After nearly four decades, New York's Cornell University is moving to close its world-famous equine drug-testing laboratory. An equine science program at a state university 70 miles up the road is eagerly willing to take over, and expand, an operation vital to the state's horse industry.
Officials said all blood and urine samples collected from horses that competed in the Nov. 6-7 Breeders' Cup World Championships at Santa Anita Park have come back clean.
Trainer Dave Anderson has been suspended for one year after Reach One More tested positive for oxymorphone following his victory in the Aug. 1 Iowa Stallion Stakes at Prairie Meadows Racetrack & Casino.
- By Tom LaMarra
A survey of sports fans and "core" horse racing fans indicates impressions have improved following a rough 2008, but nowhere near enough for industry officials to proclaim a turnaround.
Breeders' Cup has added to its medication and testing policy and increased penalties for violators for 2009.
State racing regulators in New York, seeking additional and timely information about medications given to racehorses, are eyeing a major crackdown on recordkeeping practices by Thoroughbred owners and trainers.
Even after an eight-hour hearing July 7, the arguments still aren't over concerning a May 2008 drug positive for one of Eclipse Award-winning trainer Steve Asmussen's horses.
The National Horsemen's Benevolent and Protective Association said July 1 it plans to be more involved as the racing industry considers medication and drug-testing policies horsemen believe could be detrimental and counterproductive.
The Pennsylvania Horse Racing Commission has adopted a policy whereby administration of corticosteroids in horses must be stopped seven days prior race day.
The Racing Medication and Testing Consortium is developing protocol designed to streamline and improve equine drug-testing in the United States. And it is taking a few pages from a 1991 study that didn't gain any traction in the racing industry when it was released.
Year-and-a-half-old testing for anabolic steroids in racehorses produced some unusual results -- including the discovery of a Standardbred filly that's actually a male.
Though most racing jurisdictions in North America have greatly curtailed the use of race-day medication, two drugs commonly used in racehorses are getting a hard look from industry officials.
On April 6, two days after Gato Go Win was scratched from the Bay Shore Stakes (gr.III) at Aqueduct because the horse's trainer, Jeff Mullins, was observed administrating an orally-injected substance to his horse in the detention barn, the New York State Racing and Wagering Board said the "matter is still in the hands" of the Aqueduct stewards.
Legislation linked to the long-delayed approval of the California state budget Feb. 20 could mean up to an additional $32 million a year for the state's beleaguered horse racing industry.
The National Thoroughbred Racing Association has circulated a list of more than 15 compliance standards that could be finalized in early March and serve as the basis for accreditation in the NTRA Safety and Integrity Alliance.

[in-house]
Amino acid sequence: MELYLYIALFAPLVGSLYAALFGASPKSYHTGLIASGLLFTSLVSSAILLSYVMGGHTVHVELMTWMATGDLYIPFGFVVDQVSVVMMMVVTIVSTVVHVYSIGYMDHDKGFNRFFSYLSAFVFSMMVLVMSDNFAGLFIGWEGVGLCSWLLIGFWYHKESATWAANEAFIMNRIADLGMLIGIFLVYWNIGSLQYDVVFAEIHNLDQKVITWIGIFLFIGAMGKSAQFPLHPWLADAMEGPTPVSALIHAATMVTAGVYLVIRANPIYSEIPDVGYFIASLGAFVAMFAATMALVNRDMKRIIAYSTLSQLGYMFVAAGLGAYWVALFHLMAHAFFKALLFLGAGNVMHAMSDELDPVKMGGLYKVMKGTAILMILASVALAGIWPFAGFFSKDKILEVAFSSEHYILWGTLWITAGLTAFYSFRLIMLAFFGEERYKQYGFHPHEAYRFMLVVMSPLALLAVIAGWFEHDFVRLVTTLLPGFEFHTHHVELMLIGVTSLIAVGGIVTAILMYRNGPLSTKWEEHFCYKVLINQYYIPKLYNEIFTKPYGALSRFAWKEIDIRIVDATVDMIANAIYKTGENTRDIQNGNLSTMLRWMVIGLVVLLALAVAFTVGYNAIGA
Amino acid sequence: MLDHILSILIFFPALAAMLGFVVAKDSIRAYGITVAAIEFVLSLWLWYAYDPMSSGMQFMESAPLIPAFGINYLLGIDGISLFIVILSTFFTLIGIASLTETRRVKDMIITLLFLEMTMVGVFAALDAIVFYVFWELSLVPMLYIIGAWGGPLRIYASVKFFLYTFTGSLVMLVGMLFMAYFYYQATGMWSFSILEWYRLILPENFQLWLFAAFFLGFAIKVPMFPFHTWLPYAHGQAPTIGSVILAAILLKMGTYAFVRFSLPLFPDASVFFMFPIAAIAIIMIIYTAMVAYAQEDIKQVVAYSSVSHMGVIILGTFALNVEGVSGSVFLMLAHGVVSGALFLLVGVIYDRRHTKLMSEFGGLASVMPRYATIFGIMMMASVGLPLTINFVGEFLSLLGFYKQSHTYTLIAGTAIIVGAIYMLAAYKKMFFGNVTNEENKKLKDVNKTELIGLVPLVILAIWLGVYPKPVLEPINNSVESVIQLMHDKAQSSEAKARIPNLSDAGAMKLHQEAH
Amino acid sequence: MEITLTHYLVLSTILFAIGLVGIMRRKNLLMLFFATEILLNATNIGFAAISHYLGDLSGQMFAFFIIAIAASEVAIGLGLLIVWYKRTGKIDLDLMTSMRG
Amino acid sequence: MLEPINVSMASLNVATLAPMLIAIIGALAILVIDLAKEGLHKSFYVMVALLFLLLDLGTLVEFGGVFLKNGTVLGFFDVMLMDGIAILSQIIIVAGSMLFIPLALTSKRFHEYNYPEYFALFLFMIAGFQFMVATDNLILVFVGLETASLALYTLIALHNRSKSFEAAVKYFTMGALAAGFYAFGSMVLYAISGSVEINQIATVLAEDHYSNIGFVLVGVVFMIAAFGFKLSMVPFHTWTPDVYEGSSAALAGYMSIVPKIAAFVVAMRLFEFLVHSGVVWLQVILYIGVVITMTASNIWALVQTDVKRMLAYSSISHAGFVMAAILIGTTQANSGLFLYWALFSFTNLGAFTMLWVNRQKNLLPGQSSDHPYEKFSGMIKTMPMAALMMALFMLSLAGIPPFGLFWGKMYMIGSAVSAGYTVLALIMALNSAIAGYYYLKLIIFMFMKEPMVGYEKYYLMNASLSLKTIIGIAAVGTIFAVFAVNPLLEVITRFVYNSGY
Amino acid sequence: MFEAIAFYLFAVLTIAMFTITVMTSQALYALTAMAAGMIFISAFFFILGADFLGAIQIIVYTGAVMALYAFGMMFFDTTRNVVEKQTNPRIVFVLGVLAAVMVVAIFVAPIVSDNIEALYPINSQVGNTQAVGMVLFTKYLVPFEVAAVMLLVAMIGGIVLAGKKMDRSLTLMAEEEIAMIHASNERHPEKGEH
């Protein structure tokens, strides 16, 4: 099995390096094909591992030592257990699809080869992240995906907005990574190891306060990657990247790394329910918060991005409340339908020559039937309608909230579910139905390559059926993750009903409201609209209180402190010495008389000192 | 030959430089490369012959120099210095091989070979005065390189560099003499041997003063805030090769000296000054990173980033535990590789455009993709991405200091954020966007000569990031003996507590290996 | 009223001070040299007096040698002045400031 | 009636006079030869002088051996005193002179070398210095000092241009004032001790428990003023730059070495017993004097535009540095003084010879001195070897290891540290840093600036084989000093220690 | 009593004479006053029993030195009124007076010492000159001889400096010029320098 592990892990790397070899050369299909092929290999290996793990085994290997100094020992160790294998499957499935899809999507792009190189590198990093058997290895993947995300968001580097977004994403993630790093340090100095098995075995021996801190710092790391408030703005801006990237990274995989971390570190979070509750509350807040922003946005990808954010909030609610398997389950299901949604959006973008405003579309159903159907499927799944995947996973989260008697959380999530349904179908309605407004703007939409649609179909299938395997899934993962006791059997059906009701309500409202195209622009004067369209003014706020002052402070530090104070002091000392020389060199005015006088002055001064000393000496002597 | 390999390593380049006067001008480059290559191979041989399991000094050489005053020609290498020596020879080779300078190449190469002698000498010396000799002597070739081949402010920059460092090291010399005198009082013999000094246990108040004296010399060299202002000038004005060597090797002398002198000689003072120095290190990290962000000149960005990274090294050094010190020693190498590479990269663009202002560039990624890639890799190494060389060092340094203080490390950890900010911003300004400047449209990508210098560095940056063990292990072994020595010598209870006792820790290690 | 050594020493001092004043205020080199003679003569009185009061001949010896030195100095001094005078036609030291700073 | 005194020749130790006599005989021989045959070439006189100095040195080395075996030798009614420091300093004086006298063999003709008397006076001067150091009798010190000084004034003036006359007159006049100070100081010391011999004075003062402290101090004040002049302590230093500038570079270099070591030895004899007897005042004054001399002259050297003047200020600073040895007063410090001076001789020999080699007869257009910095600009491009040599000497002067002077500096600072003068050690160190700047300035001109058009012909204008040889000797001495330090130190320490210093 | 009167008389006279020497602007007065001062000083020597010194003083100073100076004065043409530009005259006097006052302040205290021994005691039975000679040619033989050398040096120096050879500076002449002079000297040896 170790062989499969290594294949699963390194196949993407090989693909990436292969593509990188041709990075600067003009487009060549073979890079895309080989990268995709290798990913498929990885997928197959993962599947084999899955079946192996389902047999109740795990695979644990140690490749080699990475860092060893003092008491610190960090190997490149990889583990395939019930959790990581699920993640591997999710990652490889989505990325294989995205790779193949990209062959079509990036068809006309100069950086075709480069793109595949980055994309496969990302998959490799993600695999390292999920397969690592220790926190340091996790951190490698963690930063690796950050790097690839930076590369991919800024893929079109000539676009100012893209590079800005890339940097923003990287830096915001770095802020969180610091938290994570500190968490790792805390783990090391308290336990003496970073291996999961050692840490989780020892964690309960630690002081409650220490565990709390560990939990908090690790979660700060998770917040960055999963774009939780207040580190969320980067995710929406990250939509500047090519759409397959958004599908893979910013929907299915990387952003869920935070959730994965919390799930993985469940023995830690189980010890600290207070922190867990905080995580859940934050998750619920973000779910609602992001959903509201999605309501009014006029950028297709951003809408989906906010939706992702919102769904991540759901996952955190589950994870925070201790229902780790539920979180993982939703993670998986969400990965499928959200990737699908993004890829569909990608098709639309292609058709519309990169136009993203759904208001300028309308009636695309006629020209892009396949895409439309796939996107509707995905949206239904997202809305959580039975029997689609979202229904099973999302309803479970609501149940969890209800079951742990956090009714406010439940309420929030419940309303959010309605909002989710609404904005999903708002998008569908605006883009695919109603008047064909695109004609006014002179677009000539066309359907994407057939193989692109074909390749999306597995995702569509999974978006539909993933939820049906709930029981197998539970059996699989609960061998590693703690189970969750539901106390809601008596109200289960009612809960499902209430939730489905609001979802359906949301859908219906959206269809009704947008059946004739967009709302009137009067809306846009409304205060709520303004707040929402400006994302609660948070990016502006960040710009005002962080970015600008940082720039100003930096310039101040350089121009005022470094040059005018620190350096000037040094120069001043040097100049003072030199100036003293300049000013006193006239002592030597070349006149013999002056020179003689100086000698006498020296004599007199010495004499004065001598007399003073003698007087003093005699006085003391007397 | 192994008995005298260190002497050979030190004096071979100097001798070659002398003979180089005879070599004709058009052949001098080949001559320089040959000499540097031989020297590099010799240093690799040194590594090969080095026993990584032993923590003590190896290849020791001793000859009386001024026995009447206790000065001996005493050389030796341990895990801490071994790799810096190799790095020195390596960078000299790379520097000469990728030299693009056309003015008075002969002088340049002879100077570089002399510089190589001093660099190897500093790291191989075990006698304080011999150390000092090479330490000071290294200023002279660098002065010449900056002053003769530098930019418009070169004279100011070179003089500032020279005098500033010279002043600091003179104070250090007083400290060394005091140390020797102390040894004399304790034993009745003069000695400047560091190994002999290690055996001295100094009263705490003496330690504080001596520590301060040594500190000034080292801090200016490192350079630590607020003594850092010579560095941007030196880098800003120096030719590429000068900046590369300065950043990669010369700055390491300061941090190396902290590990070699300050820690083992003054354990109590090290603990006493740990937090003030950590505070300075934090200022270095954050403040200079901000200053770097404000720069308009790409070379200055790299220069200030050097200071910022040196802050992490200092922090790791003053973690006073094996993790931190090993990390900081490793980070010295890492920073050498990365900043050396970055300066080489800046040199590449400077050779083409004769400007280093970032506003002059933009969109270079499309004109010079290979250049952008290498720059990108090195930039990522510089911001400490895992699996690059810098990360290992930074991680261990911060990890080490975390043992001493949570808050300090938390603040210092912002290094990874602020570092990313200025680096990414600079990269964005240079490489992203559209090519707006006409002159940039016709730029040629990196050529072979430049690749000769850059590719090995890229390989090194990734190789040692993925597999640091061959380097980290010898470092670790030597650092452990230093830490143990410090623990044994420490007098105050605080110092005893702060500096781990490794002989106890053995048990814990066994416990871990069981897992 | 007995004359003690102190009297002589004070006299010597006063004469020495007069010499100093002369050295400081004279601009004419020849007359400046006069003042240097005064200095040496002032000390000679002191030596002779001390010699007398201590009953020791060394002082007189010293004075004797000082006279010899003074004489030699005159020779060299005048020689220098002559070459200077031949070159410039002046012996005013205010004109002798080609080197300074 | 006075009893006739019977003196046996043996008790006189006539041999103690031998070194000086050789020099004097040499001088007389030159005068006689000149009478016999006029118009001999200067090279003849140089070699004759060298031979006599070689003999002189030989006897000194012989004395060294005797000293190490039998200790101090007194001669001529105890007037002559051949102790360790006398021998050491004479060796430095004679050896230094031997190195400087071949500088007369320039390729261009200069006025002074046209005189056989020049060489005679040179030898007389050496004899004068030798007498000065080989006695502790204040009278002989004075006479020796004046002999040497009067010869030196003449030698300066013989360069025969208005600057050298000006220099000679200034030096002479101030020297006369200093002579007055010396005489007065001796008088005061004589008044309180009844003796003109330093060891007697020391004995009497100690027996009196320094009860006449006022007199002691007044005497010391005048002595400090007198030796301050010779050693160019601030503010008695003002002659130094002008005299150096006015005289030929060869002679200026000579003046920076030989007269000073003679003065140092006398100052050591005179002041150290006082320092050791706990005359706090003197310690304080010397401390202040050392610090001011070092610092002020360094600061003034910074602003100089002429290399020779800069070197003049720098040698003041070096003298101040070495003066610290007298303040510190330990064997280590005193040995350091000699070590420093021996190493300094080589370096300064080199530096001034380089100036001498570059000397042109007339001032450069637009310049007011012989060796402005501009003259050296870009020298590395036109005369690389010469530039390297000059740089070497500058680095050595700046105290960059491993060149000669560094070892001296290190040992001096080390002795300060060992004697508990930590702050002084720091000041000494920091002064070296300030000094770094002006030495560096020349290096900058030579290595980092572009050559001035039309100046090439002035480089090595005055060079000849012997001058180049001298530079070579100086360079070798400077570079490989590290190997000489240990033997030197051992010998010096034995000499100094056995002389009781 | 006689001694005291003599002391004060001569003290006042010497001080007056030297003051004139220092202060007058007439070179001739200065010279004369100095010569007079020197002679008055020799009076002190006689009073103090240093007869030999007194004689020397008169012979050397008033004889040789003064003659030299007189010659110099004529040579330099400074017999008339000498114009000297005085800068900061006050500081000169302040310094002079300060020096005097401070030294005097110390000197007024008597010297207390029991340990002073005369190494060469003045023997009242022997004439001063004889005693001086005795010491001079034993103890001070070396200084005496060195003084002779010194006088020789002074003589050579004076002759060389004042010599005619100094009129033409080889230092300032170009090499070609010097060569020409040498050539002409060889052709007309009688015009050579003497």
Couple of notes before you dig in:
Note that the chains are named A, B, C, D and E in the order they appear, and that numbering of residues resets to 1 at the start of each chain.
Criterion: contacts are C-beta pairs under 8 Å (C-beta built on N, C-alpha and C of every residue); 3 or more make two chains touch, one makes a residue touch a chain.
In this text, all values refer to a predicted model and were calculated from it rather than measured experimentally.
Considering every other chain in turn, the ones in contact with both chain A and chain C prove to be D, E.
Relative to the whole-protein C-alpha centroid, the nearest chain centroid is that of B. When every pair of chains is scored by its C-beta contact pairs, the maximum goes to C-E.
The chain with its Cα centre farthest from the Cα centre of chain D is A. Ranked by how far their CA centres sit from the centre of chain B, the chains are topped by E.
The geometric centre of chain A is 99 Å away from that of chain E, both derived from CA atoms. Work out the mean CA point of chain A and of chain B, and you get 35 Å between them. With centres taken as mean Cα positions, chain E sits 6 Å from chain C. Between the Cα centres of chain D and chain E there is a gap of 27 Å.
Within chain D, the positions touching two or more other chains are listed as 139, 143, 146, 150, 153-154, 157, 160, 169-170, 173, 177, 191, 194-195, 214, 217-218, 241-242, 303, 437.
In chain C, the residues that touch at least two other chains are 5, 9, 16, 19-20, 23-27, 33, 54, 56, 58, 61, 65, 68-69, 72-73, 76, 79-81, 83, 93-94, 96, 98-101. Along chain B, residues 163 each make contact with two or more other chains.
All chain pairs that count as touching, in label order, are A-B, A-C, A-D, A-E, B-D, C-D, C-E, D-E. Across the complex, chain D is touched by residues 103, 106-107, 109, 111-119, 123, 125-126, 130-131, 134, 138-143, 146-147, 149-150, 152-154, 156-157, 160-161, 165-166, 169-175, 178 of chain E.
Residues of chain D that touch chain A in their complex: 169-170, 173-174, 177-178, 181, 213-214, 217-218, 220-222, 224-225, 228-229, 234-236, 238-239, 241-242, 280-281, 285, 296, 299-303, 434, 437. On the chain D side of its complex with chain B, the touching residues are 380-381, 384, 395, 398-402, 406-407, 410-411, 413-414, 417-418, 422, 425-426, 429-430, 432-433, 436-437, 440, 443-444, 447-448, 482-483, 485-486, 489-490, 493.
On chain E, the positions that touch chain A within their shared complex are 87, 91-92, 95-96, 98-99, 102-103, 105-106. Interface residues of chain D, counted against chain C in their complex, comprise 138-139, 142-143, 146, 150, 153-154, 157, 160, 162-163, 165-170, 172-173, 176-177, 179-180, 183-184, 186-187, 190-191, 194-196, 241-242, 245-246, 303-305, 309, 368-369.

The Racing Medication and Testing Consortium board of directors Feb. 6 received an update on an anabolic steroids study, results of which will be used to set thresholds for testing in plasma.
The Jockey Club Thoroughbred Safety Committee said Feb. 11 it will fund a Racing Medication and Testing Consortium frozen-sample and retrospective testing program that will begin in April.
The University of Florida Racing Laboratory has been selected to handle equine drug testing for Kentucky.
Jayne Vaders, the leading trainer at Philadelphia Park Casino & Racetrack in 2007, lost her appeal Jan. 9 in Commonwealth Court of Pennsylvania for an indefinite ban from training due to multiple drug positives.
The National Horsemen's Benevolent and Protective Association will discuss aftercare for racehorses, equine medication and drug-testing thresholds, and synthetic surfaces during its winter convention Jan. 30-Feb. 2 in Hollywood, Fla.
A Kentucky lawmaker is preparing racing-related legislation with a primary goal of funding the Kentucky Horse Racing Commission, equine drug testing, and supplements for purses and stakes at the state's racetracks.
New York racing regulators have approved a final set of rules restricting the use of anabolic steroids in horse racing, effective Jan. 1, 2009.
Kentucky horse racing and breeding industries are losing ground to other states, and if immediate action is not taken to stem the tide, the state could find itself in jeopardy of losing one of its signature industries, according to a 70-plus-page document released Dec. 15 by the Governor's Task Force on the Future of Horse Racing.
Chances are many more officials in the horse racing industry support uniform regulations a lot more than they support uniform penalties -- at least beyond a literal interpretation.
The Racing Medication and Testing Consortium recently prepared a list of 2009-10 goals, one of which is tackling use of corticosteroids in racehorses.